His wife collected the clocks. Railway clocks with large white faces and Latin numerals, cheap plastic clocks, a cactus, a Micky Mouse. Carriage clocks and cuckoo clocks. A faux Salvador Dali. A spiral clock. Even a clock in the shape of a slice of toast. So many damned clocks.

Tick, tick, tick.

He threw the clocks onto the drive. The drive cost a small fortune. Not that she appreciated the expense. Said it was a waste of money. “Paved drives are bad for the environment. We could have had a holiday with that.”

“Buying stuff we don’t need is wasteful. All those clocks. What do you need them for? And I don’t like travelling, you knew that when you married me.”

They argued long but in the end it scarce mattered how the argument started, only that it never ended.

Hadn’t they been happy once?

She left him for the solicitor. He drew up their wills last year. He’s twelve years younger than she is.

The house is quiet now. Nothing moves. He can hardly hear his own breathing. But time still passes. Day gives way to night. Night becomes day. Tick, tick, tick.

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Flash Fiction by Bronwen Griffiths
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Little Bird

They take you by the hand and twirl you around like the ballerina inside your music box. The one Mama bought you for your fourteenth birthday when she stroked your hair and called you a good girl before your first party. But your nightdress sticks to your legs instead of floating around. Another party where the living room air is heavy with the greys of their cigarettes that sting your eyes. Their breath is heavy with nicotine and whiskey that sour your mouth.

They lead you down the hallway to your mama’s room where the bed is big enough and the door heavy. They open wide like wardrobes, spilling out all of their fantasies. All of their secrets come out to play. They call you little bird, close their arms around you, hoping to become a gilded cage, one you would like to stay in. You fall back into feather down, bunched together inside Egyptian cotton. Above, the light catches in the crystals of the chandelier winking at you, sharing your secret. You smile at it and forget about them. You are a little bird on the ceiling, flitting above it all.

They kiss you, whisper into your neck, calling themselves your special friends, but your friends at school never kiss you like that. Although you would like Robbie to, you would like him to be your special friend but you’re too shy—you are the doll not the hand that plays. Maybe Robbie would like to be kissed in such a way. Would he be happy with the narrow strip of your single bed? You wouldn’t want him in your mama’s room, lying in their shadows.

Thoughts of Robbie and his lips on yours leave you out of breath like when you spin, head thrown back, arms out until you are dizzy, until the world blurs and tears don’t come from sadness but from the wind on your face.

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Flash Fiction by Laure Van Rensburg
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The gallery was a cavern.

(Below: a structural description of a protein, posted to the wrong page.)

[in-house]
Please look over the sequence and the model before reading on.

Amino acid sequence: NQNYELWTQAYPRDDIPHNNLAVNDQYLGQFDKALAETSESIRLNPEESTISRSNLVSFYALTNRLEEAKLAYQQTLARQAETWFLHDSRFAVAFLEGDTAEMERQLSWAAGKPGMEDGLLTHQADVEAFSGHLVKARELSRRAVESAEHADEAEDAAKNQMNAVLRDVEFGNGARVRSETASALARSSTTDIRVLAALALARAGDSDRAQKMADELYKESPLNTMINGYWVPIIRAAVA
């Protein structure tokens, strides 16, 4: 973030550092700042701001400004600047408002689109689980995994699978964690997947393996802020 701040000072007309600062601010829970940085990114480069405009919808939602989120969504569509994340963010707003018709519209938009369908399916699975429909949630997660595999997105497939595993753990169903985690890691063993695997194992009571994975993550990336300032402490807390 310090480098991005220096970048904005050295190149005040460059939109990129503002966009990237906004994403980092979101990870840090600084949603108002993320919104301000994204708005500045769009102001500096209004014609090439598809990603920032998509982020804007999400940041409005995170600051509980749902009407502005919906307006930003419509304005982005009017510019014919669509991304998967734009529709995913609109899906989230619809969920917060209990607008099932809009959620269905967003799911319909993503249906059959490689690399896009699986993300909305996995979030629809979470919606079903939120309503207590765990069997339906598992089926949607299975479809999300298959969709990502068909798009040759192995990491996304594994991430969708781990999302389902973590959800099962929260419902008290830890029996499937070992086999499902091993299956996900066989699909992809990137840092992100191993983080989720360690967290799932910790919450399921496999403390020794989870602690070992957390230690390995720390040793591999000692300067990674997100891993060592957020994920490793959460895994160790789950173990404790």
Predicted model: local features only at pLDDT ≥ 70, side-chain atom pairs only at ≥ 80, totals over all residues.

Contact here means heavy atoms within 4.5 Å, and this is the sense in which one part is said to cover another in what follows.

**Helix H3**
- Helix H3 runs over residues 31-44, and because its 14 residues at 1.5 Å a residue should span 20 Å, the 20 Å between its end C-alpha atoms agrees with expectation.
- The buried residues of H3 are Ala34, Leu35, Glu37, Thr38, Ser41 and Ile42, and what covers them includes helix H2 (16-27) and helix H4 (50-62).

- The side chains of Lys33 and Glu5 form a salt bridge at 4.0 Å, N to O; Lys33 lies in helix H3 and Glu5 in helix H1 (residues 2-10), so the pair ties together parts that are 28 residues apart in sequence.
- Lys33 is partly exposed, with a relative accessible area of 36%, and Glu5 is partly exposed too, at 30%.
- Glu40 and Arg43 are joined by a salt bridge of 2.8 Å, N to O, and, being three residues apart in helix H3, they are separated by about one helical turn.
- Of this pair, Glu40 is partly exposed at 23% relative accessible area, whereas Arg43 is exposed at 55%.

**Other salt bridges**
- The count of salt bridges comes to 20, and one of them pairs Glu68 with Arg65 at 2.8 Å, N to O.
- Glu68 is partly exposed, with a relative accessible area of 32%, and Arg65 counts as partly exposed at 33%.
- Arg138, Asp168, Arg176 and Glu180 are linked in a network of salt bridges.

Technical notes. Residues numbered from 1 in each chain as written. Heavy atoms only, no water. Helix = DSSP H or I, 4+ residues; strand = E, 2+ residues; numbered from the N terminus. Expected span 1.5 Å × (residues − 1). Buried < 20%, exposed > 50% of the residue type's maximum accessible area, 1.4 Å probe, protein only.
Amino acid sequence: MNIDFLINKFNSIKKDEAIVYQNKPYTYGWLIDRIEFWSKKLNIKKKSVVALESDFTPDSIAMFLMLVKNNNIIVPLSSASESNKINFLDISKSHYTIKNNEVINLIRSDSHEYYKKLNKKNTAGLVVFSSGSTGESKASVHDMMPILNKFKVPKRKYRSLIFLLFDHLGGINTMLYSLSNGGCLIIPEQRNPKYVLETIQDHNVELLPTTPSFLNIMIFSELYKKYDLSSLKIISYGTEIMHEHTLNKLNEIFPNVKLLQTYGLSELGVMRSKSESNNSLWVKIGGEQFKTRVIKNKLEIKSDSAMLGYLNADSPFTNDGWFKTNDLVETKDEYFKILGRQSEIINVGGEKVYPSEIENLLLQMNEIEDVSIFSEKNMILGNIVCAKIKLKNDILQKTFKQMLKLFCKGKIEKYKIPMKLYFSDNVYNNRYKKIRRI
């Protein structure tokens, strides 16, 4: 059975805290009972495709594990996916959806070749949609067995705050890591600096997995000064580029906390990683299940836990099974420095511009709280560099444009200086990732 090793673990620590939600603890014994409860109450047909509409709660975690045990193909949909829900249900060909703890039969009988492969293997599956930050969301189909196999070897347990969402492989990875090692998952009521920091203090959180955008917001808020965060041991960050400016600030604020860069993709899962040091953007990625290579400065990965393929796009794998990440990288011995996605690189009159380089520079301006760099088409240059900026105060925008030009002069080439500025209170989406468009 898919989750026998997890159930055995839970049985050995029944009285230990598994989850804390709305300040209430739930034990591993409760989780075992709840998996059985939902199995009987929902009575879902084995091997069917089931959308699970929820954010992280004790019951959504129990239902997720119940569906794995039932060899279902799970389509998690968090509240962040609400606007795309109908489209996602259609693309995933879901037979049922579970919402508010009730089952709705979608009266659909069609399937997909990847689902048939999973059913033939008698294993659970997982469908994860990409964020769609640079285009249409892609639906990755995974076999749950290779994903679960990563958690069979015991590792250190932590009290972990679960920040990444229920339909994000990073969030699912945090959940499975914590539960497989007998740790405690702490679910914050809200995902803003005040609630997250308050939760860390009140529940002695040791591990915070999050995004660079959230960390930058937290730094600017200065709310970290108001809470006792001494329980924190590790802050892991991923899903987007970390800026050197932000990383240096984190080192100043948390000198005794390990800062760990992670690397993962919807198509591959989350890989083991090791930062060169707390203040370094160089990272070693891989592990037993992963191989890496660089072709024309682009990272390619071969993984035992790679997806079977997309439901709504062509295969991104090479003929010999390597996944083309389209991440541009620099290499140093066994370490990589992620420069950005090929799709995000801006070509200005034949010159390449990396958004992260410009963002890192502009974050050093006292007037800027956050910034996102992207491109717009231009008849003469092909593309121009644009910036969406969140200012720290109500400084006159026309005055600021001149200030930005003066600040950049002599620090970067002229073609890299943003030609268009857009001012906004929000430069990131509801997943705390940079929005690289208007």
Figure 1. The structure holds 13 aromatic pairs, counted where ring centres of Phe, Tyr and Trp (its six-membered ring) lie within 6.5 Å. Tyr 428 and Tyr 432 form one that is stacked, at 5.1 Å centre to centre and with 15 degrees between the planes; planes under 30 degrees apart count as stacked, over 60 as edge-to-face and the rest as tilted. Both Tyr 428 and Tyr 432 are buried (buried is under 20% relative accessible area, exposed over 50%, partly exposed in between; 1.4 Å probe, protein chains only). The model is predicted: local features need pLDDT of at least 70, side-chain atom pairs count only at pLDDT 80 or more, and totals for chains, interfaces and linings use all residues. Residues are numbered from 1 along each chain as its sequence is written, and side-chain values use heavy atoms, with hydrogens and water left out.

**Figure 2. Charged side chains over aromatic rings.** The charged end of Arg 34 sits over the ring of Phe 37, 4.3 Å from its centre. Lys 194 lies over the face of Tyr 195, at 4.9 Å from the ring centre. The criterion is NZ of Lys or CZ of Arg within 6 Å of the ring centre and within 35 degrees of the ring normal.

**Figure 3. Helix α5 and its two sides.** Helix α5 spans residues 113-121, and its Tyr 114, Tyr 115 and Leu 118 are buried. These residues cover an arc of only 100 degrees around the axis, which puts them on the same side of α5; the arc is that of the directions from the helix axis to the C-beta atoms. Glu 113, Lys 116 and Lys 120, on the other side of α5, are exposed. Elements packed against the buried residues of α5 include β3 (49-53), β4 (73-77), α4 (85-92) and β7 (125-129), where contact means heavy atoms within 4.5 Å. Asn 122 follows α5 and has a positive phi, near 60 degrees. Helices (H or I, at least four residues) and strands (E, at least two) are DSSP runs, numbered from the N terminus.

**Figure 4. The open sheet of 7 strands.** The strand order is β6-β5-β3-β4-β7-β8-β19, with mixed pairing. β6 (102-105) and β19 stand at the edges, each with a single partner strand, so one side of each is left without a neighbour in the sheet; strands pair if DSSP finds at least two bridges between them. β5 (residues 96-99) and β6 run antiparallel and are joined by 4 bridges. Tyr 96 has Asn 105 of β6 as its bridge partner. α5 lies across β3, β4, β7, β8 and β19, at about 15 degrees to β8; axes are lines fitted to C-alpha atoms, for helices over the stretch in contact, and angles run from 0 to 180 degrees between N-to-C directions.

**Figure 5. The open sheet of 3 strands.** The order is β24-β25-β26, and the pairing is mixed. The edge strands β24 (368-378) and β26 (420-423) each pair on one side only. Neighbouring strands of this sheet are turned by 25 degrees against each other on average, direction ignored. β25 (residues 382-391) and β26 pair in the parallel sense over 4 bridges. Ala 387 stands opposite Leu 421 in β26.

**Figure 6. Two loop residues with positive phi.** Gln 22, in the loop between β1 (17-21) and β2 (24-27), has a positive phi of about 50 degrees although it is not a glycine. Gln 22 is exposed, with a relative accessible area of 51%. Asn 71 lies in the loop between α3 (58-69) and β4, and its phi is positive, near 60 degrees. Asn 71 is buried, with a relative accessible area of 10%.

I stood towards the front of the monstrous space, near the entrance. Hands folded. Back poker straight. Head held rigid.

I felt like one of the statues displayed in this exhibition room. One of my own creations.

Only there was nothing keeping me aloft like them. They were hung on invisible strings, appearing to be in motion even though they remained perfectly still.

The whole place was still.

As if, much like me, it were waiting on bated breath.

The doors opened, quiet voices eased through the silence. A smile pushed its way onto my lips, and I came to life.

“Hello, my name is Rowena, this is my…”

I went to speak enthusiastically, brightly, and full of warmth. I stopped because I was talking to no-one.

I frowned. The gallery owner frowned back at me. Shook his head. Turned back and left the way he came.

If cracks could appear in my face like they did when my artwork was exposed to heat, I would look like shattered glass.

I went back to pretending as if I were a statue.

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Flash Fiction by Amy Olivia Hartley
Picture: statue by karatara under CC0 1.0
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Lindsay’s Turd

Lindsay is a weirdo. Last time we played she told me she’s starting soon and showed me her pubes. I got my booblets out to make it even stevens.

I’m not usually at Dad’s on Fridays. Lindsay must’ve seen me arriving coz she’s round like a shot, eating bogies at the door. She grabs me before Dad can say I’m busy.

I want to go to Lindsay’s bedroom but she’s desperate to show me something in her garden.

“Pleeeeeease—you’ve got to see my terrrrd. It’s massive! Really fat and slimeh.”

I’ve tried “no thanks”.

“Erm…” she looks like Grandad’s spaniel begging for a Bonio, “…alright.”

I do like turds—turd jokes, joke turds, turds zooming off round the u-bend on their big adventure—apparently I’m “scatter-logical”.

Lindsay’s garden is dead scruffy considering what car they’ve got. There are rusty bikes everywhere and grass is spiking my legs. The glass wobbles as she yanks open the greenhouse door. When she closes it, little squares of light jiggle over the tomatoes.

On the floor at the back there’s a shoebox. Lindsay kneels down. I hold my breath thinking about Dad’s stink in the loo. She checks I’m looking so I do my grossed-out face.

Lindsay lifts the lid.

Her treasure is resting on some dead leaves—thick, greeny-brown… moving. I’m gobsmacked; wibbling like greenhouse glass.

A toad.

It looks like a mini sumo—nude without the nappy. Smudgy amber eyes and a frowny kind of fold for a mouth… throat pumping like a baby’s heart. I want to touch the skin, feel the warty bumps, but Lindsay stands guard with the lid.

“Lindsay showed me her terrrrd” —I’ll get the accent perfect. My Stepmum’s monobrow will jump into her fringe and Dad’s tongue will blurrrgghh from his beard. Over dinner I’ll explain and they’ll laugh their heads off.

I’ll wind up Mum too of course. She’ll call me revolting and say something sarky about Dad being “lazy-fair”… she won’t flip like that time she caught me with the carrot though.

Lindsay is a weirdo. Trust me—it takes one to know one.

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Flash Fiction by Lucy Goldring
Picture: GREENHOUSE by Ida Myrvold under CC BY 2.0